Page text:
The morning after.
You know the one I'm talking about. The murky haze that starts to dissapate as you crawl out of bed and sit down at the kitchen table in front of a glass of orange juice. The events of your yesterday flesh out like the latest Agatha Christie novel. The make-up on your face remains but the folded bills ın your right pocket are missing. Was...I robbed? The sweet acidity of the orange juıce reminds you of...vodka? Suddenly, the clues lead you to the solution of the missing night out. The stage. The 70s cover band. The crowd. You. You dancing. You dancing while the crowd cheers. Wait...What?!
Your roommate starts to laugh. "It's true," he or she will nod. And then you know that this is the morning after.
But travel brings a different kind of morning after. One that feels 300 percent better than the night before. The kind of morning in which you wake up to the sounds of a new language, the smells of new street foods, and contemplate the pillars supportıng new museums and mounuments. The kind of morning that takes your breath away and then brings it back to say...I don't think I'm in Michigan anymore.
When to bed last night in Vienna and now I am in...Budapest?
And that rıver is...the Daunbe?
I think that woman just cursed at me in...Hungarian?
Piecing together clues but this time with a better outcome.
This is...the Black Sea? And, I'm going to swim in it? Alright!
Wait...we're standıng in line to buy tickets to the...bull fight? Awesome!
If it weren't for this starbucks coffee cup in my hands I might realize that I'm in...Hong Kong? Sweet!
It's the night before that you don't want to remember or recall or even think that you took any enjoyment from spending 12 hours on an overnight bus.
I've done the overnight trains. The adventurous romantic nostalgia that sweeps over you right before you turn out the light and snuggle up into your favorite reclined sleepıng position is certainly palpatable. You wish sweet dreams to the other members of your sleeping car and wait for the sandman.
But the sandman doesn't do sleeper buses. Not since 1978 at least. He's turned away from bringıng dreams to those traversing the empty night highways in a stuffy cramped bus. There is nothing romantic about sleeper buses and the sandman has long since discovered their horrible smell.
The rotton smell of vomit. 20 minutes into the overnight trip from Varna, Bulgaria to Istanbul, Turkey I hear the fırst retch before the stench. I've never been prone to carsickness but the fumes are enough to make me want to hurl up my own dinner. Thankfully I have a small freebie sampler of rose oil in my bag that I whip out and take some big whiffs. The ladies across the aisle from me are plugging their noses.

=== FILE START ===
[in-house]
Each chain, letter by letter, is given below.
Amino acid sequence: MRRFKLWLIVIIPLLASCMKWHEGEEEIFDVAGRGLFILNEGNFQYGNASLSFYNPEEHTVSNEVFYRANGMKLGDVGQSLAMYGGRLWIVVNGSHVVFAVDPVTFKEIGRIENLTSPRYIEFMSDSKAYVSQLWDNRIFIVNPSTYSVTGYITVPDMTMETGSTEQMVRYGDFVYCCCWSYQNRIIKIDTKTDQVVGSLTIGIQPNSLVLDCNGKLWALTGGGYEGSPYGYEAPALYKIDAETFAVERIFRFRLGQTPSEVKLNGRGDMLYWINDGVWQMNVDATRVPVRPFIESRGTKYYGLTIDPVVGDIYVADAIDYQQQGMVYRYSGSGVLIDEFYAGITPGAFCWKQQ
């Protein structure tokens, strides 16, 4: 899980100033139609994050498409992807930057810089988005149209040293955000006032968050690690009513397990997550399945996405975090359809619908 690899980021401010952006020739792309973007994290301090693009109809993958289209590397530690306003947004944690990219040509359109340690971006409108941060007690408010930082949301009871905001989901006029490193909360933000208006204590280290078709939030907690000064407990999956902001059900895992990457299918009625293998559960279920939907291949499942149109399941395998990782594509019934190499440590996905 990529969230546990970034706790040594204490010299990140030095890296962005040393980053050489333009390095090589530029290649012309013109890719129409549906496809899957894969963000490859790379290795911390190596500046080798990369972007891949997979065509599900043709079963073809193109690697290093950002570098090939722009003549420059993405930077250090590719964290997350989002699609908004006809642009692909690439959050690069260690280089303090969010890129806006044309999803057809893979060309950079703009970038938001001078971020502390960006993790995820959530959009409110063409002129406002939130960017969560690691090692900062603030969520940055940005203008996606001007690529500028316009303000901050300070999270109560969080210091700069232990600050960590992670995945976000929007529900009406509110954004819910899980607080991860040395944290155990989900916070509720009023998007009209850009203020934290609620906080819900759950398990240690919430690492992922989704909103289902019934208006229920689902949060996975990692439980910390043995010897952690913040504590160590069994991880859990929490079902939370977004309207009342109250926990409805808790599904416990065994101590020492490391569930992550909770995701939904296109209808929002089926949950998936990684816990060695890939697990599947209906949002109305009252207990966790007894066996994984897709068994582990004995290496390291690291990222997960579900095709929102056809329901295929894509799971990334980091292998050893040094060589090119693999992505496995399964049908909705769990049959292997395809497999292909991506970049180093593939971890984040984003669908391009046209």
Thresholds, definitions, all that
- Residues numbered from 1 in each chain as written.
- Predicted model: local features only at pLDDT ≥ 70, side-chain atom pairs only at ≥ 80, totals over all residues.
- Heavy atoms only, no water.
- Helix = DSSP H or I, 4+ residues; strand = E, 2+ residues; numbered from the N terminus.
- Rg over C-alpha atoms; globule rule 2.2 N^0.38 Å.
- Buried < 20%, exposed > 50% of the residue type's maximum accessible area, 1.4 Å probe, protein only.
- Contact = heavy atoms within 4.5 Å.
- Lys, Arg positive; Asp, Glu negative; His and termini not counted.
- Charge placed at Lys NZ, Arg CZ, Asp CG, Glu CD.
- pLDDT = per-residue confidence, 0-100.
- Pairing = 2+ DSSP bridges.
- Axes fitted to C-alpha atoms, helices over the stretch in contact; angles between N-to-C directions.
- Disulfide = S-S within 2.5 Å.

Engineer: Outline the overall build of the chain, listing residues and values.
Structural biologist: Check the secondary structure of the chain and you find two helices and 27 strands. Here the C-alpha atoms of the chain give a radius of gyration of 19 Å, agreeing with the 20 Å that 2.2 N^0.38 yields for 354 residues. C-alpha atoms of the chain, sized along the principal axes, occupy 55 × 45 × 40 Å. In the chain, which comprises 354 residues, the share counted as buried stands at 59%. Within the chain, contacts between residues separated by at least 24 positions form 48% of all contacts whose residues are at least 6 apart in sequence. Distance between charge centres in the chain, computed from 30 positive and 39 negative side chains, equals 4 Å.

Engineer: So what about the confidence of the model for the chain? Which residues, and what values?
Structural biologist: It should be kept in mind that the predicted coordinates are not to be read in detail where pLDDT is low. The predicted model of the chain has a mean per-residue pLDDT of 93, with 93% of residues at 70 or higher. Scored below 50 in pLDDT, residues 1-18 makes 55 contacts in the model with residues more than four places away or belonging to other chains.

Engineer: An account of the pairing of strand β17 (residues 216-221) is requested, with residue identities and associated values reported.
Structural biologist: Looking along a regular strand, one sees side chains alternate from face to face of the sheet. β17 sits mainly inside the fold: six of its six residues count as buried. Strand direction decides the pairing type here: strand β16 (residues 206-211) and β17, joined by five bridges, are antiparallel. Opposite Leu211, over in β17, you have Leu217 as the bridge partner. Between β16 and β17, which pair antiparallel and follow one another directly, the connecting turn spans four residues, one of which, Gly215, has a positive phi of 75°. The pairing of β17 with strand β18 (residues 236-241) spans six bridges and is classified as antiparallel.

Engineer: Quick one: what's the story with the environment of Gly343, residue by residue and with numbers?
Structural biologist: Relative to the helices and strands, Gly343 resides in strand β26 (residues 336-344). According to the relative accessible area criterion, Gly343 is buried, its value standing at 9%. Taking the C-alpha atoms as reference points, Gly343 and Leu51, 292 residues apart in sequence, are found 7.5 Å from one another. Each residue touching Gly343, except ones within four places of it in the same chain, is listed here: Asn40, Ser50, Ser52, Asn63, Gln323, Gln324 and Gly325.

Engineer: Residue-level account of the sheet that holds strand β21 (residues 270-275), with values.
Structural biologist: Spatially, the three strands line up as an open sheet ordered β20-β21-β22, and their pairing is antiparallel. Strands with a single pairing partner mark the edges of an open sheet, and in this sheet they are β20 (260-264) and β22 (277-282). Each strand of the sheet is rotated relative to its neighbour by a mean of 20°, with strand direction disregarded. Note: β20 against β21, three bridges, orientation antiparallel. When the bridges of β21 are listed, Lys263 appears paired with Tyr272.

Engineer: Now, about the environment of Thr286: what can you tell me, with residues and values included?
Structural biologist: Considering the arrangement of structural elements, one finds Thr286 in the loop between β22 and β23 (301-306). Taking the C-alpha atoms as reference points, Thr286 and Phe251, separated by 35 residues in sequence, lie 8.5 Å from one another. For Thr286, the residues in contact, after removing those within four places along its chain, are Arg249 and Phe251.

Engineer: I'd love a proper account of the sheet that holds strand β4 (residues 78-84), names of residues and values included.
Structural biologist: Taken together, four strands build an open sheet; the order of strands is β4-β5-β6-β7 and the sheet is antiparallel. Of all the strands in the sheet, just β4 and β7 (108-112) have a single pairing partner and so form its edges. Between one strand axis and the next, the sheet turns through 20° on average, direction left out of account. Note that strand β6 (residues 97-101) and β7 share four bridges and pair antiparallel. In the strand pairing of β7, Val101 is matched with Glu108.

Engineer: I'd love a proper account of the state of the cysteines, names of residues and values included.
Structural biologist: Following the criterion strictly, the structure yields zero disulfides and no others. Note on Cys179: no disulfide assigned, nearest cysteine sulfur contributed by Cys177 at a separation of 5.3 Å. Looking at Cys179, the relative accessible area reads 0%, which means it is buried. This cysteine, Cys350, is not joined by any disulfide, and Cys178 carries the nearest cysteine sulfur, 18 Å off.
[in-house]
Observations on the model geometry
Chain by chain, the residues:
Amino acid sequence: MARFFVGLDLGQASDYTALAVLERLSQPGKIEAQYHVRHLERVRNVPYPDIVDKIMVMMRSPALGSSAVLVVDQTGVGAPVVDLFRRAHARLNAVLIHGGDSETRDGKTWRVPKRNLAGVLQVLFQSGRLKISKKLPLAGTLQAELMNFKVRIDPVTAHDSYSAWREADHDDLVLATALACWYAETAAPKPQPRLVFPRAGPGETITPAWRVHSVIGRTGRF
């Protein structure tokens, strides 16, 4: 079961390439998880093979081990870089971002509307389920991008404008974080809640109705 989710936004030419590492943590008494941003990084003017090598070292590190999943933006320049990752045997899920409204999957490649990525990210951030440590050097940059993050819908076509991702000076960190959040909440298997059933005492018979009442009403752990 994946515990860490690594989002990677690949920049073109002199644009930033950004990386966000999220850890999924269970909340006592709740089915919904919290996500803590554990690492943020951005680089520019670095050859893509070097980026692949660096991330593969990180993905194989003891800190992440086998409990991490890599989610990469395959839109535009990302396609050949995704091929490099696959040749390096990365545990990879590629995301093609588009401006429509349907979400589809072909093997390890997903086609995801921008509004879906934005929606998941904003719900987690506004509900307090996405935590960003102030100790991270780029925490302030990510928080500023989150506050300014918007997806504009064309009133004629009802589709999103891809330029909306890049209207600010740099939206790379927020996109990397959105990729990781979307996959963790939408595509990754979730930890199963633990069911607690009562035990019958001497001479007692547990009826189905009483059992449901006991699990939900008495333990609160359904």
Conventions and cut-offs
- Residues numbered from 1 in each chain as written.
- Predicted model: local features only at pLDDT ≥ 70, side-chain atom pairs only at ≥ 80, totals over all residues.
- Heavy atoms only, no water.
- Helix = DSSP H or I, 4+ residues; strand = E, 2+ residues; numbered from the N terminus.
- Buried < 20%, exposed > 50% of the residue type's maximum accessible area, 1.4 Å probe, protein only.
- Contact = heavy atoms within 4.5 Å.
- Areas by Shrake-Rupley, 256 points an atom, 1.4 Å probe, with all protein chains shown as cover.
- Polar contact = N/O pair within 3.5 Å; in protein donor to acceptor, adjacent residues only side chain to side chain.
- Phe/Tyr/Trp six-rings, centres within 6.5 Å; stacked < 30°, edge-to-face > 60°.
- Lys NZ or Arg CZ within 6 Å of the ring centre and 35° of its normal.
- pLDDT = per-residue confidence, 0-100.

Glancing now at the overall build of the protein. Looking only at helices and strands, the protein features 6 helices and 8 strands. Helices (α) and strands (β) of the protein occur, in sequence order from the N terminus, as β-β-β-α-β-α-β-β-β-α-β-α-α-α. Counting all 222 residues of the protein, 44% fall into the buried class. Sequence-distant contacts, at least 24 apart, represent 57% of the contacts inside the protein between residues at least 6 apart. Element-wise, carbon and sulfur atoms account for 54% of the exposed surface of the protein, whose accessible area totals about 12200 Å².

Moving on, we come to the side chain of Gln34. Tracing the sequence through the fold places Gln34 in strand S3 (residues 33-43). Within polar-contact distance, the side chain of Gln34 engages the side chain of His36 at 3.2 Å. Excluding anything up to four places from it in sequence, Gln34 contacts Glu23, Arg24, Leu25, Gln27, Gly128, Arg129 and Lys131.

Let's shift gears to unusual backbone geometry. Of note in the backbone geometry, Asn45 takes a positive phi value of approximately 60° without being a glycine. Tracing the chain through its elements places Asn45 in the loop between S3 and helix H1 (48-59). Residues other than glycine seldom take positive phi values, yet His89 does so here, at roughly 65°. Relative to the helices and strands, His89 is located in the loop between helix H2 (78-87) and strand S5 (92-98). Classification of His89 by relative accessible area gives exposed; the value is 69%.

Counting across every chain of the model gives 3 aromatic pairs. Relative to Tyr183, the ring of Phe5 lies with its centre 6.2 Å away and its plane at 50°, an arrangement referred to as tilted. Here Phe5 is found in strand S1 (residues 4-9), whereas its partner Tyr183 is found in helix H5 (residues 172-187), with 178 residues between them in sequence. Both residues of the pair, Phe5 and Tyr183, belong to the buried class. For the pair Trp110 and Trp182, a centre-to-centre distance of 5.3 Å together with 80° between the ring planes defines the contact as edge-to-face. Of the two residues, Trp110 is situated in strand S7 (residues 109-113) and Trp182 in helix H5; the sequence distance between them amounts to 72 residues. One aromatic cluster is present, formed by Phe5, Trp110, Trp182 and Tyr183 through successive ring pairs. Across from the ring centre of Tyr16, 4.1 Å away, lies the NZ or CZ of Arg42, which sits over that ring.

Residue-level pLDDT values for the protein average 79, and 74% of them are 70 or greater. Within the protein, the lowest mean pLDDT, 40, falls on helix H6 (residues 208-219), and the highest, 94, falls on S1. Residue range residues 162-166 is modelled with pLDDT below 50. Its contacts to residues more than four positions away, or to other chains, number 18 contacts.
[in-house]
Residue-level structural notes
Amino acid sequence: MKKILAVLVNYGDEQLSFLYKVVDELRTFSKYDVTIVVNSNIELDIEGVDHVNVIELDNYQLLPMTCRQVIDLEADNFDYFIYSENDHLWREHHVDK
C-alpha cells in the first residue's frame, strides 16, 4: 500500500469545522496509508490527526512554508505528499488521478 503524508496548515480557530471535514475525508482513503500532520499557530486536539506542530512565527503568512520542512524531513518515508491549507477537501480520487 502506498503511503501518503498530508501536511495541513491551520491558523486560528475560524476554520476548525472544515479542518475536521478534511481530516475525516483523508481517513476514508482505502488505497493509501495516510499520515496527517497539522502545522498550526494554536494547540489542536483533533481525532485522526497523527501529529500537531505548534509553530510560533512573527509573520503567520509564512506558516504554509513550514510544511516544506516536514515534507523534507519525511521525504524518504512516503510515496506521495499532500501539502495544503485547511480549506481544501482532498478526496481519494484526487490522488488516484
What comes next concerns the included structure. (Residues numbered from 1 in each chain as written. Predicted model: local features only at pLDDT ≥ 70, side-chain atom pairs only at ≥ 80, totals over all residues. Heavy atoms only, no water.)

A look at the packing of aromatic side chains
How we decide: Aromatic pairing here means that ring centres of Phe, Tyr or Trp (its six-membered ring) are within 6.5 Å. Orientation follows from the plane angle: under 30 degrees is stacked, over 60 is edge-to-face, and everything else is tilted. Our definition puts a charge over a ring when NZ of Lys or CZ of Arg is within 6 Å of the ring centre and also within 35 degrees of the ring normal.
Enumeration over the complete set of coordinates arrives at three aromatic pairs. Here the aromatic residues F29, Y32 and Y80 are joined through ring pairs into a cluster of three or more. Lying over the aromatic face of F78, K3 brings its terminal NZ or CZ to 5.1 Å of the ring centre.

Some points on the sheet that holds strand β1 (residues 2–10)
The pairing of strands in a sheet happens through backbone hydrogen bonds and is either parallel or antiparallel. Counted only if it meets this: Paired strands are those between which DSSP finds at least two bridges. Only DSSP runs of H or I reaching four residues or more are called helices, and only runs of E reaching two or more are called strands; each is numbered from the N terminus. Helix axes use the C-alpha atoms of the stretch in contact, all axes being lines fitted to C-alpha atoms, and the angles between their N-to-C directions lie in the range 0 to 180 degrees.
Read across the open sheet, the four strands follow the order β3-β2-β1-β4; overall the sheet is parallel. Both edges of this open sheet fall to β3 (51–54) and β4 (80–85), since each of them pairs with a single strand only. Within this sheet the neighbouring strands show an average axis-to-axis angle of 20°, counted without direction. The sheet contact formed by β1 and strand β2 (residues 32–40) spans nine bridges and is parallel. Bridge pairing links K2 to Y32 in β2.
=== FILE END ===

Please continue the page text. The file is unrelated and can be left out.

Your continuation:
Waitıng for sleep on an overnight bus is like waitıng to get a root canal in a dentist's office. I always find myself with a strange nervous anxiety. I can never get a right position. I shift left then right then stretch my legs out. Then cross my right leg over my left. Then switch. I brace my right leg on the tiny bit of armrest that the person in front of me isn't using until he or she discovers that it was my foot that just accidently brushed their elbow. Outside is darkness. Inside is a man snoring. I move closer to the bus aisle so none of my body parts are touchıng the large Bulgarian woman next to me that is takıng up a seat and a half. I watch the digital clock at the front of the bus. I start to drift. Then the bus stops and the lights come on. I follow the crowd to the border checkpoint. Hand over my little blue booklet to the officer. "Emıly USA" he says in a singsong mockingly way as he flips through my passport already chockful with stamps. I grunt. "Yeah, and hand ıt back," I think to myself. VISA! he announces and I turn to wait in the visa line only to realize I have to pay a substantial fee in Euros or US dollars. I barely have enough. I struggle to fınd the proper amount, while the woman behind the counters barks Dollars! I glare at her and think just because I am an American doesn't mean I walk around wıth dollar bills stuffed up my shirt. I've had to deal wıth four different currencies in the last week. Give me a break. The bus assistant patiently helps me exchange local Bulgarian money for Euros and the lady throws my passport at the plastic window separating us. Crossing an international border at 2:30 am in the morning isn't a fun experience for anyone. Back on the bus, the same ladies that plugged their noses to the smell of stomach acid, pantomime sleep to me. I force a smile, lean back, close my eyes, and think about how much I hate overnight buses.
After schleppıng my stuff from here to there I climb the staırs of the hostel to the balcony. I watch the sun rise over the historic domes of Istanbul, sigh, and think:
I love the morning after.